Monday, June 02, 2003
Dr. Steven N. Goodman is an epidemiologist in Johns Hopkins University. Reading his articles about evidence-based medicine was turning point in my thought in Medicine. Though that topic was not original, he explained the matter in the best way. Here I quote some parts of his article Probability at the Bedside: The Knowing of Chances or the Chances of Knowing? in Annual of Internal Medicine, 1999;130:604-606
Consider what would happen to 100 identical copies of Mr. Smith if each underwent the operation, with a 40% mortality rate. Would 40 Mr. Smiths die? Or would all 100 Mr. Smiths either live or die, with 40% representing our uncertainty about which it would be? The first of these scenarios represents the stochastic interpretation of risk, implying that risk is a physical characteristic of Mr. Smith. In the second scenario, Mr. Smithâ€™s fate is determined, and potentially explainable. What we are calling his risk is actually a measure of our incomplete knowledge: the degree of-belief interpretation. We cannot ascertain scientifically, which of these scenarios is true, yet our view affects how we manage patients, how we talk to them, and how we are heard.He quoted an interesting part of Tanenbaumâ€™s article entitled What physicians know in New England journal of medicine, 1993;329:1268-71.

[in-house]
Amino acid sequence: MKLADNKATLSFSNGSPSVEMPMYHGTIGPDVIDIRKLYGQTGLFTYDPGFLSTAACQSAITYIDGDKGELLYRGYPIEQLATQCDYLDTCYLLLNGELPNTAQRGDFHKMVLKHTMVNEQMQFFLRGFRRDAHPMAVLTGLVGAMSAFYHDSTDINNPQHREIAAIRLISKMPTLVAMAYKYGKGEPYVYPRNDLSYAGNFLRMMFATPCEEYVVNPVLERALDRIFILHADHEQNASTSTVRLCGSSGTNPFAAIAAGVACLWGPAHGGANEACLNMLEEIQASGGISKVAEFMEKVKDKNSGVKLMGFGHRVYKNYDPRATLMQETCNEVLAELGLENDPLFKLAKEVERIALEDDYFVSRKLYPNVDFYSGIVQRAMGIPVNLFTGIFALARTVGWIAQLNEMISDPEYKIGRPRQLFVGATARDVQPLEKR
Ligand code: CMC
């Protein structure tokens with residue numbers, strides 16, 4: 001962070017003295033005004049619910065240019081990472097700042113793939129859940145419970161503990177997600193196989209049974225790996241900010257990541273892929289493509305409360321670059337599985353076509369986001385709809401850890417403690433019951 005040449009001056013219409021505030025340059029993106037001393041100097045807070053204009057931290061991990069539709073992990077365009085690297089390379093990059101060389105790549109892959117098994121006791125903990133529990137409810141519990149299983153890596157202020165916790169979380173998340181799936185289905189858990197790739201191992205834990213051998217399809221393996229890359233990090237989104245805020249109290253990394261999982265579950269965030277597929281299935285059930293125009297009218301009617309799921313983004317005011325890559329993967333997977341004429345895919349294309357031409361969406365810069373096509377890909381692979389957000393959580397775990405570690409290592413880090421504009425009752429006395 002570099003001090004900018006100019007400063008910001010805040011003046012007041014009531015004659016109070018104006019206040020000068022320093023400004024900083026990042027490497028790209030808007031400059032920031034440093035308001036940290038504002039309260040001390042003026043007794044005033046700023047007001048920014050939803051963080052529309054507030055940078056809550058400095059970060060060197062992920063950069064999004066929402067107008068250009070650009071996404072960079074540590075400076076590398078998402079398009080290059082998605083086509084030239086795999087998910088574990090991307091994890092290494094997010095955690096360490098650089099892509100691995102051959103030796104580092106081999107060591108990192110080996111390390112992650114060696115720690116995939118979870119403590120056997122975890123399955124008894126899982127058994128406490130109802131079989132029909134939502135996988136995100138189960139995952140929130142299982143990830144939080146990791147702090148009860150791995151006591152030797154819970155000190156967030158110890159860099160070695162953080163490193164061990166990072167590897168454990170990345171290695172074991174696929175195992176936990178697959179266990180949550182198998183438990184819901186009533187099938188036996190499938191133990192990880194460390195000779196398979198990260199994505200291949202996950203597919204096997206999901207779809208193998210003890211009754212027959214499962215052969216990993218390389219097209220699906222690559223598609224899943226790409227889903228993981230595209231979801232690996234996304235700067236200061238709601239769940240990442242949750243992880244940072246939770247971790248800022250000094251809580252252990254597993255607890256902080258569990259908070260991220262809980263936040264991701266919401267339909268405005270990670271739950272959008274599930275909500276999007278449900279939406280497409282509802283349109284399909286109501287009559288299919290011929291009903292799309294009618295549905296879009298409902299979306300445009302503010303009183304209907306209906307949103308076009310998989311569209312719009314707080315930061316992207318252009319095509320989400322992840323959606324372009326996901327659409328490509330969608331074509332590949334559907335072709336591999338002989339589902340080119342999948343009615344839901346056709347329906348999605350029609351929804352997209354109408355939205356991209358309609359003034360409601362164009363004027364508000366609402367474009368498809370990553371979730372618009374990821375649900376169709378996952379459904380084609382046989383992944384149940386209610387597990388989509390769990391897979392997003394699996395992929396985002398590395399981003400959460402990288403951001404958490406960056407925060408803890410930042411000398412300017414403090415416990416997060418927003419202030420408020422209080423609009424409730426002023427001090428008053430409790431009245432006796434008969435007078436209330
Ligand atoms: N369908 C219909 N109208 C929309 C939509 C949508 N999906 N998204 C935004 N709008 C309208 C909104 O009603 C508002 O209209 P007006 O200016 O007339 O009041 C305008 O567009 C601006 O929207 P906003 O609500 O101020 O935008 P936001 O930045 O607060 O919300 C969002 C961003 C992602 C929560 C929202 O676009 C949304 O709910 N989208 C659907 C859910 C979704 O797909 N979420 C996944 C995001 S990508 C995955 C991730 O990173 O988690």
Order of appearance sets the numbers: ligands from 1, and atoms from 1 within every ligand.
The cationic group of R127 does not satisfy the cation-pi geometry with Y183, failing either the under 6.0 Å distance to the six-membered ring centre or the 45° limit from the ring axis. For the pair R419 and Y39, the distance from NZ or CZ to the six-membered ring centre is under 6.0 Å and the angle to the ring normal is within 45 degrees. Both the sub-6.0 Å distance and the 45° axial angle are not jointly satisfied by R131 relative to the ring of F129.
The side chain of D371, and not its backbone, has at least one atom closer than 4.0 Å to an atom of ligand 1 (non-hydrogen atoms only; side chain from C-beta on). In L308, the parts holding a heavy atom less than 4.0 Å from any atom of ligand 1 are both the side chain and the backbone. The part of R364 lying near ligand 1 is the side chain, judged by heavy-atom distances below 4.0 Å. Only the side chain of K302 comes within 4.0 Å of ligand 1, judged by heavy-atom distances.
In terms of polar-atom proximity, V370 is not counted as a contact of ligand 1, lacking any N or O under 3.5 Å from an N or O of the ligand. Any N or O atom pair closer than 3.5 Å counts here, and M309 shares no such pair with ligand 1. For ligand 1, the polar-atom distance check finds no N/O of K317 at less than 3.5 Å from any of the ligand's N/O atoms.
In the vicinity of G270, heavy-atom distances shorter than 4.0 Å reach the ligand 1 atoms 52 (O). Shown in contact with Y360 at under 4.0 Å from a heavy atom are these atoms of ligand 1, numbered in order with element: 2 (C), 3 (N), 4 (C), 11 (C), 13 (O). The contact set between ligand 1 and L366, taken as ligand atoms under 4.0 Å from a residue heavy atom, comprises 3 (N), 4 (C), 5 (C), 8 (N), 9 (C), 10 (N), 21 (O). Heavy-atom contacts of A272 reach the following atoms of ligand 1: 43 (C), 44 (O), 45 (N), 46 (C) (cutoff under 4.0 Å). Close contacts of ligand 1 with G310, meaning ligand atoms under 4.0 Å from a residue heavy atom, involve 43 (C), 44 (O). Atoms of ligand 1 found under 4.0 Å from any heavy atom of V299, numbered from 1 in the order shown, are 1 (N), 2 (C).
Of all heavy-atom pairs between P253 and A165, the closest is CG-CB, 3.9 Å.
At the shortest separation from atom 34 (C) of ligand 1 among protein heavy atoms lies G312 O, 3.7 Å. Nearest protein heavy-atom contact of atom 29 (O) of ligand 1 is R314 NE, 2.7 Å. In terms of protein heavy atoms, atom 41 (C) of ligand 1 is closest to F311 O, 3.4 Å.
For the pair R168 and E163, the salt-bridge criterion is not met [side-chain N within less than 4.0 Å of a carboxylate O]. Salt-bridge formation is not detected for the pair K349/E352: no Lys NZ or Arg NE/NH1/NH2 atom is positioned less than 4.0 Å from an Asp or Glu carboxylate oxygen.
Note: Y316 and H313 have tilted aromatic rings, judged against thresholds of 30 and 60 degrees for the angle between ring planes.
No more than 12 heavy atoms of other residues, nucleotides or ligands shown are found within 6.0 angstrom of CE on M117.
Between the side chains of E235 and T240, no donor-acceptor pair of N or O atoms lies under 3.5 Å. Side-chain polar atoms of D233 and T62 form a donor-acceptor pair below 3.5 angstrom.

Uncertainty is inherent in medical practice because patients present individual and complex medical circumstances. Physicians can never be certain how to transpose a biomedical theory or a clinical research finding to a particular case. In an act of interpretation, not application, physicians make clinical sense of a case, rather than placing it in a general category of cases. As interpreters, physicians draw on all their knowledge, including their own experience of patients, and laboratory-science models of cause and effect.I will write more about this matter though I think many of you know this kind of challenge in every science.
(posted by Iman)
Posted:Monday, June 02, 2003 |
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